with respect to their substance or applicability to various
segments of the businesses or business activities to which the
rules, as proposed, would apply, the agency shall issue the new
rule in two or more parts, with each part containing varying
requirements for performance or reporting, as appropriate, to
persons, business concerns and organizations of varying economic
sizes and resources engaged in business activities of varying
scope, these varying requirements shall take into account: (1)
The capitalization, annual income, number of employees and such
other factors as bear on the ability of the regulated persons,
concerns or organizations to sustain the costs attached to
compliance with the rule; and (2) in the case of regulated
activities, the value of the activities to the economy of the
state and the welfare of its citizens. In establishing segments
of regulated businesses or business activities for the purposes
of this section, agencies shall establish objective and, to the maximum extent feasible, uniform criteria to facilitate
determinations by those engaged in such businesses and business
activities of the applicability to themselves of rules issued
(b) Whenever a state agency proposes to issue or issues a
rule, any business affected directly or indirectly by the rule
may at any time apply to the agency for any exemption to the rule
as it believes to be authorized by subsection (a) of this
section. The agency shall review all applications and may
include any exemptions requested therein in its official criteria
and standards for such exemptions, or in any revision thereof,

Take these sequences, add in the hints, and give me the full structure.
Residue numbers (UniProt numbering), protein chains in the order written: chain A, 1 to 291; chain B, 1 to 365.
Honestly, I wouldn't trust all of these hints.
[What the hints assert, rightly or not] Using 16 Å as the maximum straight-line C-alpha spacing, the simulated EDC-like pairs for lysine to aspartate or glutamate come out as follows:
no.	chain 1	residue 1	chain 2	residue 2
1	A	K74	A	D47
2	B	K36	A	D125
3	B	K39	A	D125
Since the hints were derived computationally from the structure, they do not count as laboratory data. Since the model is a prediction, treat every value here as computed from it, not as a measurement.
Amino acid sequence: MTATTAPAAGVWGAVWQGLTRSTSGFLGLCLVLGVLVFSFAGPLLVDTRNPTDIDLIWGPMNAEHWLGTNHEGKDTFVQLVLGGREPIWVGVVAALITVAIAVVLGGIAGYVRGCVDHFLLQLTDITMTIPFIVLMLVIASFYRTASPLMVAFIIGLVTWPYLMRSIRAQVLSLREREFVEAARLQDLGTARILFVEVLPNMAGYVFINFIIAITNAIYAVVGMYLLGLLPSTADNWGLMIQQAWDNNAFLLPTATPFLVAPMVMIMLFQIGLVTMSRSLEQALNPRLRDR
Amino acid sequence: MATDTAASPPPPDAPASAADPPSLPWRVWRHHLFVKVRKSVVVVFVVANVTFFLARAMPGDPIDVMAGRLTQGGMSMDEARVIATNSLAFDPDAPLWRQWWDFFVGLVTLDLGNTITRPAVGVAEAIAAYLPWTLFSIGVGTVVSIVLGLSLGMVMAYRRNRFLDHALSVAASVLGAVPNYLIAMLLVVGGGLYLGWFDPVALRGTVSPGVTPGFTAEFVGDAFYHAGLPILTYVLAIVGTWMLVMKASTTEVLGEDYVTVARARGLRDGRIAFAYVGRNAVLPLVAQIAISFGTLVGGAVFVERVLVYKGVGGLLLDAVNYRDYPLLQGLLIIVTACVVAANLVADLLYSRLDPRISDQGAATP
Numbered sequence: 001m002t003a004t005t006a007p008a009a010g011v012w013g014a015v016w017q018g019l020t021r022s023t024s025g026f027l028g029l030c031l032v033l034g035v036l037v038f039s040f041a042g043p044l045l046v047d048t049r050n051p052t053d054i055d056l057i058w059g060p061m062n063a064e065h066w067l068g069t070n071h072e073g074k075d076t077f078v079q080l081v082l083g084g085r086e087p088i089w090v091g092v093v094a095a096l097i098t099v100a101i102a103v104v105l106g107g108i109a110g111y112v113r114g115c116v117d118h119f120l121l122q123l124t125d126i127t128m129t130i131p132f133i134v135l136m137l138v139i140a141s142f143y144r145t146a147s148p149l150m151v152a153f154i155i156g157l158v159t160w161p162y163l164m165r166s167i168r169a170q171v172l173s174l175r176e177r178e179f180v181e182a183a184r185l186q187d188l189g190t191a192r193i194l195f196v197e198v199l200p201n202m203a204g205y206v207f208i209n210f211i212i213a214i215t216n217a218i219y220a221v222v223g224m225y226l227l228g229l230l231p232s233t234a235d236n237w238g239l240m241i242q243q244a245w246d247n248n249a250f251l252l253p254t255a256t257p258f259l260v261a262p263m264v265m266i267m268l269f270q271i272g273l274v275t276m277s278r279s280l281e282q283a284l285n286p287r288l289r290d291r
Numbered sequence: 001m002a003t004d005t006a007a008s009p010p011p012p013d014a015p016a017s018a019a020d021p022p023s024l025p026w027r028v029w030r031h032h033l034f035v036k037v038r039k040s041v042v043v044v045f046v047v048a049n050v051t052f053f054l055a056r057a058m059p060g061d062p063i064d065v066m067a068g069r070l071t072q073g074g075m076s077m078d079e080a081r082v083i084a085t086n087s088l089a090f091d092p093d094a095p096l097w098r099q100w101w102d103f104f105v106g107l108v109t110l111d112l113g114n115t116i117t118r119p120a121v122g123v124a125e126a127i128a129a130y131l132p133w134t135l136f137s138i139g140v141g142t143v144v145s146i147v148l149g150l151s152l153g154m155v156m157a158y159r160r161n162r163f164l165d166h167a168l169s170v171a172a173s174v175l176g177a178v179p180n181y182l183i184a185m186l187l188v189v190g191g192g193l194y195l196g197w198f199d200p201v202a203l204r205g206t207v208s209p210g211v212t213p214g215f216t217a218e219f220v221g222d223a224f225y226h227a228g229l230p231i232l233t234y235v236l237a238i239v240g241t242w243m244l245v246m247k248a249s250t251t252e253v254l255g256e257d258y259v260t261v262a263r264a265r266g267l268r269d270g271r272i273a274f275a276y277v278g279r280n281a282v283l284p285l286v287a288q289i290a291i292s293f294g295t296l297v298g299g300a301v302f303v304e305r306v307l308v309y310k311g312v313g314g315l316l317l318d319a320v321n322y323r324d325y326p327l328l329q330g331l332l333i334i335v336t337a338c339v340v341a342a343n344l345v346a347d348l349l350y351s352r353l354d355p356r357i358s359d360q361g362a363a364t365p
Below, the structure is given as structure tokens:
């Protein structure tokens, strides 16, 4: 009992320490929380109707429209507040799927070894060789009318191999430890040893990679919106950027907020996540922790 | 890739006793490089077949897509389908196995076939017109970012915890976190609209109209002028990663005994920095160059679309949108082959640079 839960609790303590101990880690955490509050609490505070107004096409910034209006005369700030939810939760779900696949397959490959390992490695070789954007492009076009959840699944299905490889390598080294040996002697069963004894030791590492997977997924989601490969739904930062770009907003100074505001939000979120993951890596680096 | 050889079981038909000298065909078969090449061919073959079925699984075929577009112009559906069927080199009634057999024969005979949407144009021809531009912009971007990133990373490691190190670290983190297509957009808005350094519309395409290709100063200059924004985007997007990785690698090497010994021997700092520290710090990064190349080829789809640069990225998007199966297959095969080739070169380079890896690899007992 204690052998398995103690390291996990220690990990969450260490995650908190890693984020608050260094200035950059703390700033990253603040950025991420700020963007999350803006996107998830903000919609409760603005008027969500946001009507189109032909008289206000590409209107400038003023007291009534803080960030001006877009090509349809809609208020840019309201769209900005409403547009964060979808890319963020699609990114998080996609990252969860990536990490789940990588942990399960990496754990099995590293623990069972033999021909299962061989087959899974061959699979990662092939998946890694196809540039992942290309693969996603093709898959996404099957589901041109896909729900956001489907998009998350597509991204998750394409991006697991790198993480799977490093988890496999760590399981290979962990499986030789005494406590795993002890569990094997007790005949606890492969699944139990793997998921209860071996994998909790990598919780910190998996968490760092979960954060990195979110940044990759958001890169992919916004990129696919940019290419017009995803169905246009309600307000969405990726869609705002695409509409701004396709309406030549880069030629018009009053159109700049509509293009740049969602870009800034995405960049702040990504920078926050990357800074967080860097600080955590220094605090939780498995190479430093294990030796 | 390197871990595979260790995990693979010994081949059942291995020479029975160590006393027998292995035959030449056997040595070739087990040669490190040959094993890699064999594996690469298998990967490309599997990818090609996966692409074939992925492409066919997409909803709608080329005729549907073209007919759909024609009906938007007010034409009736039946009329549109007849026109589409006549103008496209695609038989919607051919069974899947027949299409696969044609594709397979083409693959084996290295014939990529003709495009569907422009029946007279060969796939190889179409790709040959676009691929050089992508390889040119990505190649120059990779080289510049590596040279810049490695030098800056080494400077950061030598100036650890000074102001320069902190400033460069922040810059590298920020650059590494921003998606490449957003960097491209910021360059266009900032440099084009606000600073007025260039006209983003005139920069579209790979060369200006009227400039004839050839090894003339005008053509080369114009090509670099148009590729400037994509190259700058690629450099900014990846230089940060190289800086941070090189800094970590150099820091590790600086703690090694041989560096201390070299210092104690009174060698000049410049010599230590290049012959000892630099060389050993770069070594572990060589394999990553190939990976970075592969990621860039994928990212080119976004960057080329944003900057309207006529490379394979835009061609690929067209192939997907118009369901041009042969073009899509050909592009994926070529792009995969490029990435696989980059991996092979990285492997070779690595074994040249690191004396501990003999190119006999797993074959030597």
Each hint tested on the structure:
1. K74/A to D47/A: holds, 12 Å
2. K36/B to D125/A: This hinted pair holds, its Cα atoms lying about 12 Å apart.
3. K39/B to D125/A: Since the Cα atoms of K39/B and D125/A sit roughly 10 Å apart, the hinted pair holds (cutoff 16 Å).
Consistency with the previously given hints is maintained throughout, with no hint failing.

upon finding that the public health, safety or welfare will be
protected. Within sixty days after its receipt of an application
the agency shall inform the applicant of: (1) Its rejection of
the application and its reasons therefor; or (2) its approval of
the application and the approximate date when the applied for
exemptions will be included in the agency's official criteria and
standards therefor, or in any revision thereof. If an agency
response is not postmarked within the aforesaid sixty days, the
application shall be considered approved.
(c) Notwithstanding any other provisions of this chapter or
any other law, the head of any agency issuing such a rule in two
or more parts, as hereinabove provided, shall upon issuing the
rule transmit a copy of the same, together with such statements
and comments as may be made in connection therewith by the legislative auditor to the president of the Senate and to the
speaker of the House of Delegates.
§29A-8-6. Provisions not to apply in case of emergency.
The provisions of this article shall not apply when an
agency finds that an emergency exists which requires the
immediate adoption of a rule and states in writing its reasons
for that finding pursuant to the provisions of section fifteen,
article three of this chapter.
§29A-8-7. Agencies to review rules after enactment of this
Each agency shall, during the five-year period beginning
with the date of enactment of this article, review its
substantive rules which are in effect on such date and make the
determinations referred to in section four hereof with respect to
NOTE: The purpose of this bill is to check the increasing
volume of administrative regulations, by providing flexibility in
how the state agencies and private businesses are to be affected
by such regulations.
This article is new; therefore, strike-throughs and
underscoring have been omitted.